I could sit here and go on and on about character arcs, but I’d be amiss if I forgot about the supporting cast. Paul Rudd and Leslie Mann are the unsung heroes of the film, as the lead couple that Alison keeps comparing her situation with Ben. She tests her conception of the family unit on what her sister has achieved, but she can’t bring it to a point in which she can validate a prolonged relationship with Ben. Alison wants the father of her child in her life, but she’s not sure if she needs him. When combated with the thought of her brother-in-law’s possible infidelity, she’s left confused and doesn’t know if anything she knows can enter into the
Then there are Ben Stone’s stoner pals that want to start the nudie celebrity website with Ben. There’s nothing I can say about that group that other reviewers and the leagues of moviegoers over the summer haven’t voiced. So, I’ll leave with a word about Seth Rogen’s performance as Ben Stone. Seth Rogen carries this film on his back. I know that a lot of people give attention to the other actors, but this has been Rogen’s year. Between “Superbad” and this film, he’s become the hairy face of the ADHD generation. They’re a bunch of kids that can’t give a shit about anything larger than them, because they’ve been given no reason to care. The journey that Rogen as Ben Stone undertakes is inspiring. We can’t all be “Mr. Skin”, but we can be the people that our significant others need.
The Great Canuck Stare-Off lasted for weeks. No one had the heart to tell Harold Ramis that no matter if he won, it still wouldn’t bring back Ivan Reitman’s career.
The Unrated 2-Disc Collector’s Edition of Knocked Up is a stacked affair that I would consider to be one of the releases this year. Similar to the The 40 Year Old Virgin release, we get a slightly extended version of the original theatrical release. It’s not a bawdy change that prolongs the film past enjoyment and into dull repetition like the “Virgin” extended cut. Everything feels earned, as we get to spend more time with Ben and Alison. There’s no drawn out sequence with Stormy Daniels or any other potholes.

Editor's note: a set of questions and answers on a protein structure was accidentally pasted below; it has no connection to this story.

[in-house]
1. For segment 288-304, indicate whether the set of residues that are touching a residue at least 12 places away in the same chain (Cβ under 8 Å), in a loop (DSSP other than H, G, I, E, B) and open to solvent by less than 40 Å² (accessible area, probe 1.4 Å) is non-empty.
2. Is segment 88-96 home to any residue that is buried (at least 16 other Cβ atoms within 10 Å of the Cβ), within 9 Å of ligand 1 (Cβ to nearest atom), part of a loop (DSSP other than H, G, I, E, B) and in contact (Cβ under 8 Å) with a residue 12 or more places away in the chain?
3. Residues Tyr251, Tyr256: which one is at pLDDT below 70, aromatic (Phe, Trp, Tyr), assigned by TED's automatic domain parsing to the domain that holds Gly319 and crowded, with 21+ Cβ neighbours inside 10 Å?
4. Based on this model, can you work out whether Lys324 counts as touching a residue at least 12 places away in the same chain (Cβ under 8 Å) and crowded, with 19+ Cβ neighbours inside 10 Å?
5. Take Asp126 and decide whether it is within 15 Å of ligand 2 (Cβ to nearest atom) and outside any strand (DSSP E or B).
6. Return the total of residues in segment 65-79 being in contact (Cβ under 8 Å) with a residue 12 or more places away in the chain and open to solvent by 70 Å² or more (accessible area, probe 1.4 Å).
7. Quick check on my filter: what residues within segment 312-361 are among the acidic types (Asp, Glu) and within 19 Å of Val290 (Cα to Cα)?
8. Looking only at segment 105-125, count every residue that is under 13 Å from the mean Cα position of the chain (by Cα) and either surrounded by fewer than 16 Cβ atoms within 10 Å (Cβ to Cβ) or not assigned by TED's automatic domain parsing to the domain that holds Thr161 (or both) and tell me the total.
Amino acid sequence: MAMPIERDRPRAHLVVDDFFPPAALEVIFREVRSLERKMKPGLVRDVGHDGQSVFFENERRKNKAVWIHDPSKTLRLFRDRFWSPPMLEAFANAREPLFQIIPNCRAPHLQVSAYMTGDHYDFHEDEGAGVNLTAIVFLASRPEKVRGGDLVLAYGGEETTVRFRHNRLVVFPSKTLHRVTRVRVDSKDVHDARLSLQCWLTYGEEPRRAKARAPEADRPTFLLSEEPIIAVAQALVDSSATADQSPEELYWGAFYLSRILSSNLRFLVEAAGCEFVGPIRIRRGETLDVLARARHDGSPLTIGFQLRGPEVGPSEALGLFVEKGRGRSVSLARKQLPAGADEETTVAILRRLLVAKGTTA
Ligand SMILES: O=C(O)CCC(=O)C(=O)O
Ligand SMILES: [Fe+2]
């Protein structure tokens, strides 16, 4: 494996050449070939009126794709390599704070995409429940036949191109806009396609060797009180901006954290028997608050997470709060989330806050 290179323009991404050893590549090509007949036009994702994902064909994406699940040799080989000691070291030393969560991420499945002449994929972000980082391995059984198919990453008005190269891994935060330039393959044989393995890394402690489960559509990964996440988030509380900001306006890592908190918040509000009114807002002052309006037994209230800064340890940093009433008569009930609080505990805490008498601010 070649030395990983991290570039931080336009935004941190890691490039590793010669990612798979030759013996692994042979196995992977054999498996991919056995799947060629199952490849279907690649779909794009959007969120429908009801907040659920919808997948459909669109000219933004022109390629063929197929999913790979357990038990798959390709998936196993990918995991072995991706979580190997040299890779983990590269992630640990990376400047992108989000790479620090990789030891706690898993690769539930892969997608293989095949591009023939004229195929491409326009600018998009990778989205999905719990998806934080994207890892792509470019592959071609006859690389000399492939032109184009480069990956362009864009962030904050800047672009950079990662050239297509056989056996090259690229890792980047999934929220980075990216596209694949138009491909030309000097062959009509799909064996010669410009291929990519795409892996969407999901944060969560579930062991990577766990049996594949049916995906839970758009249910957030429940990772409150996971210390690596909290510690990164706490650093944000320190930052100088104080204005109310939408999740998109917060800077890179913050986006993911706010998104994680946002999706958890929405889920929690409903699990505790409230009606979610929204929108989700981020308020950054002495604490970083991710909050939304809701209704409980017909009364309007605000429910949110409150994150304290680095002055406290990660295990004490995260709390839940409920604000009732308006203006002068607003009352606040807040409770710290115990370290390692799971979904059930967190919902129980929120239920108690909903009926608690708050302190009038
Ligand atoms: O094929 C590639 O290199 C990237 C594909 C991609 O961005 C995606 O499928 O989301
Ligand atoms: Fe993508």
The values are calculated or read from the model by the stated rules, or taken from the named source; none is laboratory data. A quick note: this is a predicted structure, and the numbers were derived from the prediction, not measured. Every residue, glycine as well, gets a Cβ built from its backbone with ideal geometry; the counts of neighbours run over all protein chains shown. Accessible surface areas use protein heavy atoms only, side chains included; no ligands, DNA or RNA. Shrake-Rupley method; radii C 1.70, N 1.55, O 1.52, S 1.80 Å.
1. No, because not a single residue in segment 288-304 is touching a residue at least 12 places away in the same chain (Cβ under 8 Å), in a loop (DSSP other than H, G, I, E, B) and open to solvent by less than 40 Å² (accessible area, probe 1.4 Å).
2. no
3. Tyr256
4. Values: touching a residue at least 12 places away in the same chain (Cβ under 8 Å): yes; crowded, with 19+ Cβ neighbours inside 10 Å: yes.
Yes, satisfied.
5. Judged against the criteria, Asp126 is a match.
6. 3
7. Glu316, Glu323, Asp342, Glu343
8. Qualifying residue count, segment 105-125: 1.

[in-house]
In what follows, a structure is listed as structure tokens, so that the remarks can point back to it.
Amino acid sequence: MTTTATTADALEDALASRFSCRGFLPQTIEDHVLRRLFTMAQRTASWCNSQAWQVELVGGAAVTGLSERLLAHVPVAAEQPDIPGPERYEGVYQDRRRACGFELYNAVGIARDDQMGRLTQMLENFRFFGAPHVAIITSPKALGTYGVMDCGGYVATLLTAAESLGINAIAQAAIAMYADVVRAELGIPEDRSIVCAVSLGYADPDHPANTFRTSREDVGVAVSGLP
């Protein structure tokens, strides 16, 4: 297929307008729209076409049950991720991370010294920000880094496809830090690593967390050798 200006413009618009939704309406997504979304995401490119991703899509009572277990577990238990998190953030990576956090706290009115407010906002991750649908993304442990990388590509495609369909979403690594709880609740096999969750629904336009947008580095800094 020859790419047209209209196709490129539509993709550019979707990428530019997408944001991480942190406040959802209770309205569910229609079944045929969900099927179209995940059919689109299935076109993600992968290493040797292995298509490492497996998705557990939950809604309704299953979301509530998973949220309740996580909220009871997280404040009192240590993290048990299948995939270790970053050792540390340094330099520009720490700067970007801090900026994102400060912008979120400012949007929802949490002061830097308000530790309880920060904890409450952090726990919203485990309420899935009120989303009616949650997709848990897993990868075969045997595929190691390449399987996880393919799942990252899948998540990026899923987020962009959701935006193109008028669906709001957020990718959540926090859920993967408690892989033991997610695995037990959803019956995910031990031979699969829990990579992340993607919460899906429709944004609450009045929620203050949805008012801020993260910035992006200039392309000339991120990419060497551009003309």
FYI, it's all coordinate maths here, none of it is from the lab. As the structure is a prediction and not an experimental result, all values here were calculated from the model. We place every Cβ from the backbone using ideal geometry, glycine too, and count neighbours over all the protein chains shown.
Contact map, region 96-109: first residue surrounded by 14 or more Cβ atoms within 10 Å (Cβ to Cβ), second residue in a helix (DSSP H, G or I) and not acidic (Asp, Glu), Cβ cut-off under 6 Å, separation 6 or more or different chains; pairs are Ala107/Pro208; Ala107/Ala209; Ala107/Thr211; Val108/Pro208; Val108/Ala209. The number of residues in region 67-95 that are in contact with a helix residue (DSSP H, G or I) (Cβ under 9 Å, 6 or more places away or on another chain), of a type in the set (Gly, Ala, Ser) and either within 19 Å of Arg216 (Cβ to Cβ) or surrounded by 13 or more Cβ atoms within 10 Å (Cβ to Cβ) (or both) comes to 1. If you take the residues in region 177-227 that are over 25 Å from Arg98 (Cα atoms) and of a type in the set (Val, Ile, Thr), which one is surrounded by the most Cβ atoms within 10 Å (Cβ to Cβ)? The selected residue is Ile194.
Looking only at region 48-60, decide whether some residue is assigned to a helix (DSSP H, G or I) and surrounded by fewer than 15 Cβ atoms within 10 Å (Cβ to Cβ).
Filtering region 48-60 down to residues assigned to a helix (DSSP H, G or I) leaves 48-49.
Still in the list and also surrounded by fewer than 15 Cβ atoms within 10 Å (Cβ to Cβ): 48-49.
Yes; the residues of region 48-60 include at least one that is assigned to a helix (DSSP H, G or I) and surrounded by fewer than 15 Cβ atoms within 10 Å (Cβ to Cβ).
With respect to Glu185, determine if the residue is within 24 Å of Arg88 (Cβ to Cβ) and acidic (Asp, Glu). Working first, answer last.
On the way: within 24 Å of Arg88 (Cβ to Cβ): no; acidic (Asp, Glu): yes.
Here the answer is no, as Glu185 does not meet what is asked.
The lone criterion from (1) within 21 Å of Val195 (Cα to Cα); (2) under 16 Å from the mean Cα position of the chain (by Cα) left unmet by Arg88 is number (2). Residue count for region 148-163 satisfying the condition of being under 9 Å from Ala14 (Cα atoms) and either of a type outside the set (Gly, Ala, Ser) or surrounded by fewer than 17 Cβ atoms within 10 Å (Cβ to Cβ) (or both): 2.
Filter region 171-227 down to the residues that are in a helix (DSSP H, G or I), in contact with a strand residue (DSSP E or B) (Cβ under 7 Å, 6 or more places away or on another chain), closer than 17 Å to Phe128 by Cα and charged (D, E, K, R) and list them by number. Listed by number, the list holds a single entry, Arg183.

The multitudes of featurettes are dedicated to the various aspects of the production whether they were real or not. A big deal has been made on-line of the various bonus features that were created after Universal brought Capote director Bennett Miller in to shoot some bonus material. We get a look at the 6th unseen roommate named Gummy. Gummy was originally going to be played by David Krumholtz, but he took off for a role in a Woody Allen flick that never happened. The rest of the featurettes run from the miniscule to the usual alternate/deleted takes. But, the gem is watching Michael Cera lose his shit when it came to not getting the role. Those of you that strolled around the site around the theatrical release, probably remember seeing this promotional video.
You get how much in royalties from Halloween 6?
By the time I finished the set, I was a little winded. Everything that was salvageable has been loaded onto this set and I feel like it might’ve been a little too much. Specifically, I’m looking at the Rollercoaster Shoot featurette. I mentioned briefly about how the set tended to relish in the tiniest details about the production, but this went nowhere. The only enjoyment to be had is Jay Baruchel having a panic attack. But, taking delight in the terror of others doesn’t warrant a featurette. Every studio should be proud to have such an abundance of riches crammed into a two-disc set.
Sometimes, we take a role home with us. It could be Dignan, Hansel or Eli Cash. Yeah, it’s been a lot more Eli Cash than Hansel lately. Not every day can be a walk-off."
9.9 out of 10